Rectal carcinoma (RC) is one of the most common and fatal cancers worldwide, with approximately 1.4 million new diagnoses annually, and its mortality rate reaches approximately 28%[1,2]. As many as 20% of patients with RC develop distant metastasis either at initial presentation or during the natural disease course, of which 70% were located in the liver. However, metastasis to the penis is rarely reported.
Although the penis has abundant and interconnected vasculature, tumours metastasising to the penis are uncommon. The most frequent sites of origin are malignancies arising from the pelvis, typical bladder cancer (32%), and prostate cancer (30%). Penile metastases from lung and liver cancers have also been reported sporadically. However, penile metastasis from RC (PMRC) is extremely rare. Generally, penile metastasis occurs within 2 years after the diagnosis of RC, and the metastatic events are not associated with the adopted management strategy for the primary tumours. Penile metastasis is usually considered a clinical sign of dismal prognosis, with a median survival time (MST) of only approximately 8 mo, presenting as a challenge.
Consequently, a better understanding of the characteristics of PMRC is urgently needed. Herein, we present a case of PMRC in a 49-year-old man, and through a literature review of previous cases, we summarise the clinical features and treatment methods and identify potential prognostic factors for PMRC.
A 49-year-old Chinese man presented to the urology clinic with a complaint of penile pain during urination for 2 wk.
History of present illness
Symptoms started 2 wk before presentation with recurrent penile pain during urination.
History of past illness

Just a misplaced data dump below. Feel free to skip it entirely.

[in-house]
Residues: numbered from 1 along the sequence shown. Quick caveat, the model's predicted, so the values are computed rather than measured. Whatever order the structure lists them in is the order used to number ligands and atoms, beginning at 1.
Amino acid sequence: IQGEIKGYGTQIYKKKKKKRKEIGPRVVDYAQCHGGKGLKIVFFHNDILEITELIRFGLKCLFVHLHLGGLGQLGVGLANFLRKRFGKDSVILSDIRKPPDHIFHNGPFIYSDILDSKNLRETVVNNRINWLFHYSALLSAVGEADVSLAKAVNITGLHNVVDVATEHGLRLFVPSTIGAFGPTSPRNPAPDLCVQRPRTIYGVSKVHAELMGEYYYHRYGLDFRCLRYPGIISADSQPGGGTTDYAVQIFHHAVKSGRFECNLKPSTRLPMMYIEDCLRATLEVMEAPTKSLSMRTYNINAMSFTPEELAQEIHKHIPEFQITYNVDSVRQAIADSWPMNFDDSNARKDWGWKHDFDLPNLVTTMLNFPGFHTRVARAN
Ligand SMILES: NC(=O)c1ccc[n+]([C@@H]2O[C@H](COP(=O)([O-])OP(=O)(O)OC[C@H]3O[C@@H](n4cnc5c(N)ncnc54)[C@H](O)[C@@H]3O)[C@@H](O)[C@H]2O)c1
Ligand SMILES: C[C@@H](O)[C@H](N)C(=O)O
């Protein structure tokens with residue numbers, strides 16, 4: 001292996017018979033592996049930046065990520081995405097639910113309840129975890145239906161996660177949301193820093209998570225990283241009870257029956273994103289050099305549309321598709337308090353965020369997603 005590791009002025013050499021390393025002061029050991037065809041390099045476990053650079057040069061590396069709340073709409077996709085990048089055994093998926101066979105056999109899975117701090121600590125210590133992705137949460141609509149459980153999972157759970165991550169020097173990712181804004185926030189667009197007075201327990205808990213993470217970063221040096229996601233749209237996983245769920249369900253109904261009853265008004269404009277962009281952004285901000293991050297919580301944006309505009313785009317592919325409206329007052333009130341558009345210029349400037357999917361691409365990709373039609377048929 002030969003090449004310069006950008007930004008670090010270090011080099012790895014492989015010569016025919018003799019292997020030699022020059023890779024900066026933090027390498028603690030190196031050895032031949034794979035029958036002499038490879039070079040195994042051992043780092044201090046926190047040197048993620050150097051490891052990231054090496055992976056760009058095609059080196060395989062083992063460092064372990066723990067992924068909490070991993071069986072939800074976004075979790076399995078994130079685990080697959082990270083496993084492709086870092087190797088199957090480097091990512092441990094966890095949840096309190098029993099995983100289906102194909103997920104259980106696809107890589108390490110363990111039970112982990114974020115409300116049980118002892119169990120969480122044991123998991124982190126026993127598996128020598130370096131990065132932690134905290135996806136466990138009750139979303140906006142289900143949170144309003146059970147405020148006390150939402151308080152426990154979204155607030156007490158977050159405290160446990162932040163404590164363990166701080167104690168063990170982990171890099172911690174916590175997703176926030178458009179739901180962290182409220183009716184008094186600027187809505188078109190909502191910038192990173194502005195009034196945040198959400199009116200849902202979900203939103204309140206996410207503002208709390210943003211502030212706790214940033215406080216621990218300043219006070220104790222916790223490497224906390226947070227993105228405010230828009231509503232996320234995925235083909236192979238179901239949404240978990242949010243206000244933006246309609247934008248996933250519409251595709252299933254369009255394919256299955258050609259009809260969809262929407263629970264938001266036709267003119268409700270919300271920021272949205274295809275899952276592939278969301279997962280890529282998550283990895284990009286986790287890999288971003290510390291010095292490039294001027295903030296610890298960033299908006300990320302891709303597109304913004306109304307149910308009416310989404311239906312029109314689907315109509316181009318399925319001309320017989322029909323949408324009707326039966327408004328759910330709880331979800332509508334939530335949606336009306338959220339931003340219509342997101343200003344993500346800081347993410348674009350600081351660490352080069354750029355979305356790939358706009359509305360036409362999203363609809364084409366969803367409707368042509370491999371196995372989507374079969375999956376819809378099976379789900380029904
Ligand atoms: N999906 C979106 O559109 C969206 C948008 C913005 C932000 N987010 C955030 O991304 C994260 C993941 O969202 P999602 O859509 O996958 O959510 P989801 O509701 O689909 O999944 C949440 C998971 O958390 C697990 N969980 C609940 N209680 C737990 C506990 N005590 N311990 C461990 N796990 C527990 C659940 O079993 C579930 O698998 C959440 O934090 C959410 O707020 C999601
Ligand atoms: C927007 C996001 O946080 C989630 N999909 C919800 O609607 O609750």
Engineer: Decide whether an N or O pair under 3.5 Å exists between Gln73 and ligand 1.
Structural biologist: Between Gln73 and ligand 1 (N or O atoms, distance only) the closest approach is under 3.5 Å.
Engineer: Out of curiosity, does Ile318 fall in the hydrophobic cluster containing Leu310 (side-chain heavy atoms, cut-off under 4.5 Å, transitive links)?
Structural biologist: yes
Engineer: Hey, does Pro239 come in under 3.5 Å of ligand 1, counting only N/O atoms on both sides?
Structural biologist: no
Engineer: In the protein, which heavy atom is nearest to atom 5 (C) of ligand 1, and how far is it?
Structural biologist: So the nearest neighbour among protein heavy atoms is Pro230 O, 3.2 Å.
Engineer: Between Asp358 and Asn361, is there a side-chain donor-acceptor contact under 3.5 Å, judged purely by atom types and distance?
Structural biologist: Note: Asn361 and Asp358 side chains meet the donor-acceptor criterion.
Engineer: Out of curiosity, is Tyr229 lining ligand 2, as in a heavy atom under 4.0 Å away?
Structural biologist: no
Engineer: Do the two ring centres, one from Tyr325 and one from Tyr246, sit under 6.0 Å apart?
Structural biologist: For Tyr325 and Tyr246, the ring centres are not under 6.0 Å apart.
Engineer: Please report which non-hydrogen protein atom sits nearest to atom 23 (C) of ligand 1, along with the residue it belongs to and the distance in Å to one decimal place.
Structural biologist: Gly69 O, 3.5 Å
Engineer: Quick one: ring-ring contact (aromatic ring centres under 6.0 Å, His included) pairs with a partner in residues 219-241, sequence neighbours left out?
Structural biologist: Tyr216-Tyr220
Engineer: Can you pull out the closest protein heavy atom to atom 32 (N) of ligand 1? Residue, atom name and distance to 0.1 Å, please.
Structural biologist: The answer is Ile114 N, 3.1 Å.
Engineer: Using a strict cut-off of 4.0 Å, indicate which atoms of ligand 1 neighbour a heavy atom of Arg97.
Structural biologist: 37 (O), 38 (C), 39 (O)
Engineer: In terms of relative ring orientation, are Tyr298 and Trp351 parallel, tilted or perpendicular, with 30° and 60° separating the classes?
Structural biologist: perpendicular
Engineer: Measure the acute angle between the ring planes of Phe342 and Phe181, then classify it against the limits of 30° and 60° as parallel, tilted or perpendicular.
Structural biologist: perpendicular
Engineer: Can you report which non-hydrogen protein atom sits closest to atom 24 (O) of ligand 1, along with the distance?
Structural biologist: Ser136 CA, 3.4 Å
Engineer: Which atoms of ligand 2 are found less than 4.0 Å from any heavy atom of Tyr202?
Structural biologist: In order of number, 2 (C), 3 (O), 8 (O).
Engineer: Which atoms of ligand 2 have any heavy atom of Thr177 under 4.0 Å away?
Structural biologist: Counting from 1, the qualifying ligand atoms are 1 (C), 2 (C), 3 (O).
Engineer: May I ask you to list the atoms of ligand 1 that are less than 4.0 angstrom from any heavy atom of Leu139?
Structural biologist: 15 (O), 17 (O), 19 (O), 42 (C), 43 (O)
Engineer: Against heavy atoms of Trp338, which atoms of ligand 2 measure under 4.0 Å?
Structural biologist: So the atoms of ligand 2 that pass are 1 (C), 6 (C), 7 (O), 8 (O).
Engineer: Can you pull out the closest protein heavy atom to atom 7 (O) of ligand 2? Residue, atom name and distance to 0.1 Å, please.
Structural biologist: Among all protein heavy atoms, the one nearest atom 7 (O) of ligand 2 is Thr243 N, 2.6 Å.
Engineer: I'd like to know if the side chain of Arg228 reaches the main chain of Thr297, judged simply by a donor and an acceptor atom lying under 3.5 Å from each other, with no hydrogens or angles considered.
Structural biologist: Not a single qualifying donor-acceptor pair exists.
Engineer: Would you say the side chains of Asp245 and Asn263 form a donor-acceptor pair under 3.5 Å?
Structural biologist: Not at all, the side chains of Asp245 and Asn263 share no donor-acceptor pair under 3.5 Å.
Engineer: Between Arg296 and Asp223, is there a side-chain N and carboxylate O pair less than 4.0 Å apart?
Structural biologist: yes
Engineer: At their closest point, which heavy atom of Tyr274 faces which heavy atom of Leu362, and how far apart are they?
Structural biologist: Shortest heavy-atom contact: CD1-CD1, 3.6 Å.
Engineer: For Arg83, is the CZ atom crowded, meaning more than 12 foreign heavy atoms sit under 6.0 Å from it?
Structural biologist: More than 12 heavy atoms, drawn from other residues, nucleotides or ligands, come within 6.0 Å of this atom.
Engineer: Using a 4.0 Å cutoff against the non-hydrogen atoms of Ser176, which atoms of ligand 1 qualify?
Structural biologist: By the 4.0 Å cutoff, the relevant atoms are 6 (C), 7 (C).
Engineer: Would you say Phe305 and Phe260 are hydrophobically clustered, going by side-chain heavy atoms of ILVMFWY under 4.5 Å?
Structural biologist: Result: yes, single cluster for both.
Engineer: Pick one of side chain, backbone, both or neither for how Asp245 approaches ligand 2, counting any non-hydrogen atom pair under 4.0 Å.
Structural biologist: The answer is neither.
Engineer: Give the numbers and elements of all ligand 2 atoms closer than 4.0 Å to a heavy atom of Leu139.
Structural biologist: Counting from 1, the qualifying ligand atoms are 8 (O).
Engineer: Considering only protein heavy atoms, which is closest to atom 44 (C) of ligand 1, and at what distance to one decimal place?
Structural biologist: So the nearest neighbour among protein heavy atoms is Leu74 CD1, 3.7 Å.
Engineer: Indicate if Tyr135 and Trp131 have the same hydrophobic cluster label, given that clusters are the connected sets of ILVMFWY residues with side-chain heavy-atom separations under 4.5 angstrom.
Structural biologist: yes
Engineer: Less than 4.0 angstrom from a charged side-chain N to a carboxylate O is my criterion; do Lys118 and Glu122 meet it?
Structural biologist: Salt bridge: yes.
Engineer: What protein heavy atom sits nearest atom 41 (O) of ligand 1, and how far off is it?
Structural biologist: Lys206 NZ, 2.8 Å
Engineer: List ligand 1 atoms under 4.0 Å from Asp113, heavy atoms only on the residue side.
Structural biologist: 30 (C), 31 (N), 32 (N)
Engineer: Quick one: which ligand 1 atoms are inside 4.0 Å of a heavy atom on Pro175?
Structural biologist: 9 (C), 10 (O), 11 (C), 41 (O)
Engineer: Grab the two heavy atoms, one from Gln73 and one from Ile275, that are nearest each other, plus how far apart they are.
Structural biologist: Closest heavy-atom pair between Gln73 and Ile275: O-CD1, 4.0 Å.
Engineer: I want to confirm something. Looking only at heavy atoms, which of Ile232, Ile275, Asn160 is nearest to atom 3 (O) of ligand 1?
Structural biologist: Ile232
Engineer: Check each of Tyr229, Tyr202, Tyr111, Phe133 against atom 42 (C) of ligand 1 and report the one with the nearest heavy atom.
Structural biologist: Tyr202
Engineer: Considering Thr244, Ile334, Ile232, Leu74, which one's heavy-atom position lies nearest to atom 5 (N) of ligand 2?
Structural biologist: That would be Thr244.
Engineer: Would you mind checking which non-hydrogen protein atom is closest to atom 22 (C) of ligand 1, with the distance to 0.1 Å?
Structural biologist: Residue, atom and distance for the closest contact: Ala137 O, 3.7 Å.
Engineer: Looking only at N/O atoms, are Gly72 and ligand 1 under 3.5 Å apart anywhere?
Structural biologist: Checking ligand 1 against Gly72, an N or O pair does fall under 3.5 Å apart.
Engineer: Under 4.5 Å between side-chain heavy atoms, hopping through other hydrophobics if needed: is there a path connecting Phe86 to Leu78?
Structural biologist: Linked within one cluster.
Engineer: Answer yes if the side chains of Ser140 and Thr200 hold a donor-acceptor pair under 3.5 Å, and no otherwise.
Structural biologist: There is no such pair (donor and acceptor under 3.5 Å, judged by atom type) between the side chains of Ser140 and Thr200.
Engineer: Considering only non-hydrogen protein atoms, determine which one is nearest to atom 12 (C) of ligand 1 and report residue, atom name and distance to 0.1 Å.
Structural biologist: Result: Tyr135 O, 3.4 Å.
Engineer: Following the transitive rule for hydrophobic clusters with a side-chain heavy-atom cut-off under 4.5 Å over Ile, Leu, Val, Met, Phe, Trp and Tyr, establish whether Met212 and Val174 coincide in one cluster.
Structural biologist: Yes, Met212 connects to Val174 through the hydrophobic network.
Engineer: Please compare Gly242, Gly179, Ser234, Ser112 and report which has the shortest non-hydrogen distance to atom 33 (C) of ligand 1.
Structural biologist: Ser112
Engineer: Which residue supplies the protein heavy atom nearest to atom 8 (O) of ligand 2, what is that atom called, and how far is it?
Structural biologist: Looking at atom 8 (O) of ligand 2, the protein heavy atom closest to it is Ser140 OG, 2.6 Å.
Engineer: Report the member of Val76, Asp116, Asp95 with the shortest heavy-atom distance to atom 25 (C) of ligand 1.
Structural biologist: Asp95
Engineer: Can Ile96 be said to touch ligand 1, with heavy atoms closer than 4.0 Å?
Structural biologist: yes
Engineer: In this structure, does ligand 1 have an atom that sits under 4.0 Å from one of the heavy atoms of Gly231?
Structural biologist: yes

Three months ago, the patient presented to a local hospital with a complaint of bloody stools for 3 mo. Abdominal computed tomography (CT) revealed an irregular soft tissue density mass in the rectal cavity. A rectal tumour was initially suspected. Colonoscopy revealed a light-red raised cauliflower-like mass located 8 cm from the anal margin, with erosions and necrosis on the surface, accounting for 1/2 of the intestinal cavity. Endoscopic biopsy of the colorectal mass was positive for adenocarcinoma. Combined with the findings of subsequent enhanced pelvic CT, the local hospital considered the patient’s T stage as T3. No distant metastasis was found by positron emission tomography (PET)/CT. Laparoscopic RC excision (Dixon operation) with sigmoid colostomy was performed. Results of the pathological examination of the resected specimen confirmed a moderately to poorly differentiated adenocarcinoma of the rectum (T4N2M0), and the tumour diameter was 4.2 cm × 3.8 cm. Metastatic tumour cells were detected in 13 of 18 resected lymph nodes. Subsequently, adjuvant XELOX chemotherapy regimen (oxaliplatin 240 mg as continuous intravenous infusion over 24 h on day 1 combined with capecitabine 1.5 g on days 1-14) was initiated as one cycle per 3 wk after surgery.
Personal and family history
The patient denied any family history of malignant tumours.
On physical examination, the vital signs were as follows: Body temperature, 36.5℃; blood pressure, 117/68 mmHg; heart rate, 82 beats per min; respiratory rate, 19 breaths per min. Furthermore, a painful nodular mass, with a diameter of 1.5 cm, was found on the left penis. There was no obvious redness and swelling. The glans, testis, and epididymis were normal. No secretion was found at the urethral orifice. Digital anal examination was not performed.
Levels of serum tumour markers were normal (carcinoembryonic antigen, 4.3 ng/mL; carbohydrate antigen 19-9, < 2 U/mL; alpha-fetoprotein, 3.1 ng/mL). No abnormality was found in routine blood and urine analyses.
Ultrasonography revealed a hyper-echoic mass, with a diameter of 1.5 cm, on the root of the left penis (Figure 1A). Mass biopsy was recommended; however, the patient refused. Subsequent PET/CT revealed that the penile lesion had a clear edge and high fluorodeoxyglucose uptake, so a tentative diagnosis of malignancy was made. Abdominal contrast-enhanced CT (Figure 1B) revealed a nodular and mildly enhanced mass on the left penis.
Figure 1 Imaging and macroscopic examination of the secondary penile tumour.
A: Ultrasonography showed a hyper-echoic mass on the root of the left penis; B: Abdominal contrast-enhanced computed tomography indicated a nodular mass measuring 1.5 cm with mild enhancement; C: A rigid nodule with distinct margins found in the left penis during the operation; D: The resected specimen measured 1.5 cm in diameter.